Meet Cute #11: Bruno and the Goldfish

The pink balloon exploded against the corkboard, a dart vibrating in the space that had been its center.

Bruno stared, stunned. Had he really hit the balloon? It had been his fifth and final try, and he’d all but given up hope.

The man running the booth glanced up, then returned to counting dollar bills.

“You get a prize, kid,” he said.

The man had teeth missing and the shadow of a grey beard. He wasn’t the kind of man Bruno usually saw in Trotterville, the suburb where he lived with his parents and little sister. The man seemed angry, and a little dangerous.

Bruno had seen other kids walking around with huge stuffed bears and snakes. Most of them were gone now, though. The carnival was about to shut down for the night. Only one of the rides was still running, the Tilt-A-Whirl. Bruno could hear the lonely clack-clack of the carriages on the platform.

“Do you have any stuffed snakes left?” Bruno asked the man.

The man shook his head. “Nope. Just the fishes.”

The man lifted his eyes and nodded at the far end of the booth counter. There, in rows, sat little sandwich baggies filled with water. A single goldfish flitted in each one.

“Those are the only prizes you have?” Bruno asked.

“Yep. Ran out of everything else.”

“But I don’t want to win one of those.”

“Why not?”

“Because I killed the last one I had. I did my best to take care of it, fed it every day, but it ended up dying after three days.”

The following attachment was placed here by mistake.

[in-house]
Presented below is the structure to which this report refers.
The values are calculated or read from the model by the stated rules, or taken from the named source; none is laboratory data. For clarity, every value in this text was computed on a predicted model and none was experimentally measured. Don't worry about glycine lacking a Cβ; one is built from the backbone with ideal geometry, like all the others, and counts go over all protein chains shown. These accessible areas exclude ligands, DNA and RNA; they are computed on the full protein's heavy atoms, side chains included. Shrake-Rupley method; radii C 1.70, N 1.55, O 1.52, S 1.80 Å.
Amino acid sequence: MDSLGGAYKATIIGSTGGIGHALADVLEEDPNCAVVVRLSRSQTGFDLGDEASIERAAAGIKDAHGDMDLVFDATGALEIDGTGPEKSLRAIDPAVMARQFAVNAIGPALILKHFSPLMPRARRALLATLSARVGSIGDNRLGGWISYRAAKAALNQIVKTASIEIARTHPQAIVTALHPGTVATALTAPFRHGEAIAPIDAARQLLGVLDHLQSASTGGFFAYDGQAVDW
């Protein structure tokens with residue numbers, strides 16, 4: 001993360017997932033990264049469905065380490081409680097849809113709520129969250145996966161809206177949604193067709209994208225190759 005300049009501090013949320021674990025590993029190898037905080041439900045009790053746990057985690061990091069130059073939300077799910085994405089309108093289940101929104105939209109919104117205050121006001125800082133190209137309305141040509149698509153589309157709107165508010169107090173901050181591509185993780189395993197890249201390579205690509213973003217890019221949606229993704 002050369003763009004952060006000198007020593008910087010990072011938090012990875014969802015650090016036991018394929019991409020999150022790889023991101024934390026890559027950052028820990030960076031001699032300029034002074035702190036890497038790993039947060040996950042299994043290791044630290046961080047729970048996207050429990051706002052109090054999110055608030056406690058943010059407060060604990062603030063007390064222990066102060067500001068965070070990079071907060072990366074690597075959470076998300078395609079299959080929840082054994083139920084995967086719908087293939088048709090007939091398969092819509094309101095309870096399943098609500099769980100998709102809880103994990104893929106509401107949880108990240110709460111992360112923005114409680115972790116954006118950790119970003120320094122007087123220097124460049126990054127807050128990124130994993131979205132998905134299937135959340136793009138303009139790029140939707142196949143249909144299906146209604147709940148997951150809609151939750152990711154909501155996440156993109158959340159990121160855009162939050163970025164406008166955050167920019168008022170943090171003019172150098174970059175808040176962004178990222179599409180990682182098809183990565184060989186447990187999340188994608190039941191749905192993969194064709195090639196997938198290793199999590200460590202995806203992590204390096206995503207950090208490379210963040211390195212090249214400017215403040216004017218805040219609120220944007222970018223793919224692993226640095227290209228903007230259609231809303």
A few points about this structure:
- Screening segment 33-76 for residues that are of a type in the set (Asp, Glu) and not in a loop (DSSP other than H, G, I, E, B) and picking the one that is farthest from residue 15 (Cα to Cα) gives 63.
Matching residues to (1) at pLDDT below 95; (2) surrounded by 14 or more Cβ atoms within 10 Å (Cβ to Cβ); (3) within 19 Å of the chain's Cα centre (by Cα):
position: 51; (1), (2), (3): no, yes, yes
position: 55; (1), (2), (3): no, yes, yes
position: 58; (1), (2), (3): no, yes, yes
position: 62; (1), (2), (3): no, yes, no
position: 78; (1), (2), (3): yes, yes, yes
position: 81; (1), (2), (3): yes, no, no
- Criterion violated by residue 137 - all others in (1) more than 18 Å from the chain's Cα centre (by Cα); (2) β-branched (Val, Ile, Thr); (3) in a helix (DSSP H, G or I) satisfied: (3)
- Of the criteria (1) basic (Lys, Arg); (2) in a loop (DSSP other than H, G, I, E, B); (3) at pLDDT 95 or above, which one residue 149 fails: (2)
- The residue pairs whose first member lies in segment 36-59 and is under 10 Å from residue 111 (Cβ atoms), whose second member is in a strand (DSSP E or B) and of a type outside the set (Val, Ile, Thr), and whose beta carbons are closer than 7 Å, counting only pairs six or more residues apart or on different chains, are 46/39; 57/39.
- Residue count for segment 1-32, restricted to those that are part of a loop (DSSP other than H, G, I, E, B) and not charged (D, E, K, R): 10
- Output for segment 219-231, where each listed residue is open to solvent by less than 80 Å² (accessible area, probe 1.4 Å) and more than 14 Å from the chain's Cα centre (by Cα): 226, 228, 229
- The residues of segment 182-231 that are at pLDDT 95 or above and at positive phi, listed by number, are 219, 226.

The man finished counting his bills, stacked them in a cash box. He looked at Bruno. “Sad story, kid.”

“You sure you don’t have anymore snakes left? Or even bears?”

“Kid, take the damn goldfish. Or don’t take it if you don’t want to. It’s your prize.”

Bruno studied the goldfish as it flitted through the water. He couldn’t do it. He couldn’t watch another living being die under his watch. He still had nightmares about the little gold body floating on top of the fish bowl. The tiny, sad, dead eyes.

Just then, a pack of loud boys jostled up behind him. In the front of the pack were Billy Jenkins and Ryan Moriarity.

“Hey, look everyone — it’s Bruno the Boobie,” Billy Jenkins said. The other boys hooted and cackled, shoving Bruno aside.

Billy Jenkins and three or four of his friends slapped dollar bills on the counter.

The carnival man sighed and scooped up the bills. “Make it snappy, fellas. I gotta close in five minutes.”

Panic struck Bruno. If Billy and his friends won, the goldfish would go home with them. Bruno had heard rumors that these boys trapped squirrels and burned their skin. Who knew what they’d do to a helpless goldfish?

But Bruno could save at least one. At least one helpless fish from the clutches of Billy Jenkins.

Or maybe two.

Without a word, he snatched up two of the little baggies. The goldfish darted more quickly now, alarmed.

“Hey kid, you only get one –”

Bruno ran to where he’d left his bike. He picked it up, clutching a goldfish baggie against each handlebar.

He pedaled away from the carnival ground. He kept expecting Billy and the other boys to run after him, but they never did. The night was silent, even the clack-clack of the Tilt-A-Whirl finished now.

The wind rushed past his ears.

“Please don’t die,” he whispered to the fish at his handlebars. “Promise you won’t die.”

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